Minnesota Vikings linebacker Anthony Barr is arguably the team’s most important player on the defensive side of the ball. In the first two games of the regular season, the only two players to play in more defensive snaps than Barr are safety Harrison Smith and cornerback Xavier Rhodes. They have both played in all 151 defensive snaps, where Barr has played in 148 of the defensive snaps.
Since he is on the field for a vast majority of the plays and operates primarily in the middle of the field, head coach Mike Zimmer has entrusted Barr with the radio communications. That can be a lot of responsibility for a second-year player, but it also speaks to the confidence that the coaching staff has in him.
That was not the case after they first selected him with the No. 9 overall pick in the 2014 draft. He was a big, fast, athletic player, but there was still a lot he needed to work on, the biggest thing being defending the pass. But this year it seems to be a different story.
“He hadn’t really played a lot of linebacker in college,” said defensive coordinator George Edwards. “Playing two years at the position, coming in that was a concern, he exhibited it out on the practice field, but getting it to the game, he’s done well with it. He’s come in and he’s taken the bull by the horns and accepted the challenges that we presented him with, whether it’s covering a back, whether it’s rushing, no matter what it’s been. I think he’s done a good job and you’ll continue to see him with more experience, get better as we move down the road.”
Barr even admitted that he has gotten a lot better in pass coverage and a big part of that is just because he now feels more comfortable doing it. He knows that he still has a lot of work to do in that area of his development, but he is now more aware of different route combinations and where he is supposed to be on the field.
But he also knows that defending the pass, especially with today’s pass-happy offenses, is something that he will always need to work on perfecting.
“It’s an ever-revolving thing,” Barr said. “You never really have it. I think right when you think you do feel comfortable, that’s when you don’t have it. It’s just about continuing to watch film and studying, continuing to try to hone in on things that maybe the offense might tip you off on, little things like that.”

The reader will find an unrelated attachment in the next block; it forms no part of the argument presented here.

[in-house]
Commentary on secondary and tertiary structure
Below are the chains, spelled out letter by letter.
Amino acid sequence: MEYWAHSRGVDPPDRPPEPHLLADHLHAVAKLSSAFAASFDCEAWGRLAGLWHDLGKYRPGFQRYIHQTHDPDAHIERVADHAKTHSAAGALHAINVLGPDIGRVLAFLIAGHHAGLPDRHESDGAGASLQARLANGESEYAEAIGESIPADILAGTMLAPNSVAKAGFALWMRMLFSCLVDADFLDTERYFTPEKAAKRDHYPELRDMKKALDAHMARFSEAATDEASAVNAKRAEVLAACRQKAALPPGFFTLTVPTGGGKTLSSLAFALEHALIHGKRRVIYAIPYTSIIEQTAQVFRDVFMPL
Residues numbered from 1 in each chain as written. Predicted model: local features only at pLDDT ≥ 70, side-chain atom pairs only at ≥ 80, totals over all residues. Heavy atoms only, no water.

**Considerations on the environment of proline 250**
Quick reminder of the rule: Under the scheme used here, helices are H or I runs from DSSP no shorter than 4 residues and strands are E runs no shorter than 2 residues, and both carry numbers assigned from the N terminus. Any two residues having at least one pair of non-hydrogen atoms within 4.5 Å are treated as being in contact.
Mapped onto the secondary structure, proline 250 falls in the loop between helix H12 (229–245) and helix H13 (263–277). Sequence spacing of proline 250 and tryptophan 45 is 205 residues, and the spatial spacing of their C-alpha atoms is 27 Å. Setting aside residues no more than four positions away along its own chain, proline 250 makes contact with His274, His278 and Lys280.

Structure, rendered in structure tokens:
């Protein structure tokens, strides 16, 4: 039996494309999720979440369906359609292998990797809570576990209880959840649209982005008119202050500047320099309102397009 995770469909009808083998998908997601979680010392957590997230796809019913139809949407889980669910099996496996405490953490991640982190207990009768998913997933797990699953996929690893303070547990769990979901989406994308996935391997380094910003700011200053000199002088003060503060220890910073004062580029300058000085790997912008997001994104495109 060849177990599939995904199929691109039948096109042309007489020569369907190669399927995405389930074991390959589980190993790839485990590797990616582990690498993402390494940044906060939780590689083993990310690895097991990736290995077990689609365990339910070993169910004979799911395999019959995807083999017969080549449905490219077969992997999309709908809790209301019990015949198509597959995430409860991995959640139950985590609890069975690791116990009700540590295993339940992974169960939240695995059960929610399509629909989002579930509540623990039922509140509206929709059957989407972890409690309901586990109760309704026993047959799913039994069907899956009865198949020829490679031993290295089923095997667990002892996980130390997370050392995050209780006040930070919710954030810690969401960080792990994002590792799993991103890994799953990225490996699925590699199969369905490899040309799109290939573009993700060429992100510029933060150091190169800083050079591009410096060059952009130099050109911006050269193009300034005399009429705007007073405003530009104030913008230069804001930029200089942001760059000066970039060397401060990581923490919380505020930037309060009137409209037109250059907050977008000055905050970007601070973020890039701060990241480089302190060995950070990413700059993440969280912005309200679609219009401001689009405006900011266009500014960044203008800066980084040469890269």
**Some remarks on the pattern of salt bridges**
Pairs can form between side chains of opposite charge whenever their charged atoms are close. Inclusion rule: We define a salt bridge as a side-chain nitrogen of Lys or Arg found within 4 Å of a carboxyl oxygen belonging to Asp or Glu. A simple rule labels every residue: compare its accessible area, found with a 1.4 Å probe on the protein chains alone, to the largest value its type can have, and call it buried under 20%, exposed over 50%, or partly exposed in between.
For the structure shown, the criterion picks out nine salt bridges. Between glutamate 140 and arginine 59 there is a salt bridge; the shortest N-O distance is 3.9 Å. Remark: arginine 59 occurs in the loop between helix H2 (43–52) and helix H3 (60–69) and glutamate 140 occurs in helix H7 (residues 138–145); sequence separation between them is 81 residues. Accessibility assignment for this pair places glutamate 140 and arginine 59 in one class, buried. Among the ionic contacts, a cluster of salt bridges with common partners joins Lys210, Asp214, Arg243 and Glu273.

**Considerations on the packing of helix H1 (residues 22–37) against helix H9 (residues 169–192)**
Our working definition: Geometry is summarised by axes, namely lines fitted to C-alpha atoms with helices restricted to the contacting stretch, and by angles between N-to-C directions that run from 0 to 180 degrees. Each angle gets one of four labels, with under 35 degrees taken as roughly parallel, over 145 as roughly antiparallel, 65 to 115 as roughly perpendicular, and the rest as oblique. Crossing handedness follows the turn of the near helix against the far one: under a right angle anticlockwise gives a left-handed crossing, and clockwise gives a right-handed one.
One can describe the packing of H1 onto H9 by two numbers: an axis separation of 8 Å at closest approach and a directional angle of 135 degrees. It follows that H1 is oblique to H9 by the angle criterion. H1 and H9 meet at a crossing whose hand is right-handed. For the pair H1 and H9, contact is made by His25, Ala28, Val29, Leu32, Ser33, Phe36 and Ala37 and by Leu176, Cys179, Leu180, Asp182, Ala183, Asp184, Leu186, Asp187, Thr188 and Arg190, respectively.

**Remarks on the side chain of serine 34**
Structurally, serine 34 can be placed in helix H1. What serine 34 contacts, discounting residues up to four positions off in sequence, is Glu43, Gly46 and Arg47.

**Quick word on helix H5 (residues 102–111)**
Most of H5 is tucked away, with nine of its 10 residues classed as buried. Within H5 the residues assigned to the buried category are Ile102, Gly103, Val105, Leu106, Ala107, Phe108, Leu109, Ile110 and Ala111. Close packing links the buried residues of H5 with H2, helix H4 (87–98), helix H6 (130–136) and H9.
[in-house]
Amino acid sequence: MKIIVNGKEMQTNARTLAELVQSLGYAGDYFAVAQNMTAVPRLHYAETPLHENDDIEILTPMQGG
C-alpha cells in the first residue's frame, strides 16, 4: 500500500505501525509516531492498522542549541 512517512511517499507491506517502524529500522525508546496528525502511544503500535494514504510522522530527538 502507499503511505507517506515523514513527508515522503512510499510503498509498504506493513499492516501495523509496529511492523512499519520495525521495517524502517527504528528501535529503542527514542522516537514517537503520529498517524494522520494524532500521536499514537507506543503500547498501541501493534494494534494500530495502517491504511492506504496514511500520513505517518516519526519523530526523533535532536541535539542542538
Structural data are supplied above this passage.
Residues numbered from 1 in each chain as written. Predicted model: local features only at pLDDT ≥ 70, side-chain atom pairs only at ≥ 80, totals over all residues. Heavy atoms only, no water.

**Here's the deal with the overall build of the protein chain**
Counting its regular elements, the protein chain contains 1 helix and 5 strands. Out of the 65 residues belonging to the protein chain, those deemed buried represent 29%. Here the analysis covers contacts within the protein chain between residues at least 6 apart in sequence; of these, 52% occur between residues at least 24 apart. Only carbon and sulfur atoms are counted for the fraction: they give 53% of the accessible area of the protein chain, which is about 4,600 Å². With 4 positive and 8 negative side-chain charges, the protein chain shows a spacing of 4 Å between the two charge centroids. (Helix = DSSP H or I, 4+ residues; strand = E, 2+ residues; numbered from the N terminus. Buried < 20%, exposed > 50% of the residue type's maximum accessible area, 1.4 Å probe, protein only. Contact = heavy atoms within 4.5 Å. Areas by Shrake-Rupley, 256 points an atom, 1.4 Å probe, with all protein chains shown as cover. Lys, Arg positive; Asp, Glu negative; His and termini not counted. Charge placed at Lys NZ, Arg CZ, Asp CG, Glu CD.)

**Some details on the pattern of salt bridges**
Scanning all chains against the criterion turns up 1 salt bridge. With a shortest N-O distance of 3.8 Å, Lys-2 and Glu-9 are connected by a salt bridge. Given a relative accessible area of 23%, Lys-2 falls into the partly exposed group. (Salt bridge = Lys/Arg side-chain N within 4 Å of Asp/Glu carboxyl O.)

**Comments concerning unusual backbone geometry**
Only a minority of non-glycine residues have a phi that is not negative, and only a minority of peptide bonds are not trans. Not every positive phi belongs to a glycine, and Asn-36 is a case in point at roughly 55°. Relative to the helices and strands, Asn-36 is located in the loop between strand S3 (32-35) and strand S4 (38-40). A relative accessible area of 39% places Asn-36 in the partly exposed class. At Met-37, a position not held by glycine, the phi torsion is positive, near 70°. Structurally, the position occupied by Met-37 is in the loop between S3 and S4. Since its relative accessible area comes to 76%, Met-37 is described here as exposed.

Along with being more comfortable on the field, Barr has also felt a lot more comfortable in Zimmer’s defense. Last year he had to start from scratch learning the defense, but now he has a year under his belt and better understands what is trying to be accomplished on every play.
In Zimmer’s defense, players often don’t know who they are responsible for covering until the ball is snapped. For that reason it is important for every player on the defense to know what the offense is trying to do and what they need to do to defend it. If one player is out of sync with the rest, it can lead to a blown coverage.
“Our defense is so that we have adjustments that we make within the play,” Barr said. “So once the play starts to develop we make those adjustments during that time. So it’s really a quick second adjustment, whether it’s man or zone. Your technique could end up changing once the ball is snapped, so it’s just a matter of being aware of the situation and understanding what the offense is trying to do.”
Because of the way the Vikings run their defense, teams such as the San Diego Chargers, who they face this Sunday, can be a real challenge. The Chargers run a fast-paced, high-tempo offense and can run a multitude of plays out of a single formation while in the no-huddle.
When they do this, it takes extra time for the defense to figure out what play the offense is running and what they are trying to do.
“It’s definitely tough and (Philip) Rivers does a good job at getting his guys where he wants them to be and getting the ball out of his hands,” Barr said. “These Chargers are a great offensive team, he’s a great quarterback with a lot of good weapons, so it’s going to be a real challenge for us and I think we’re up for the task.”
According to Barr, the best thing to do in order to defend an offense like the Chargers’ is to watch extra film and try to recognize little nuances they do that might tip off the play. Then it is just a matter of utilizing what they saw on tape on game day.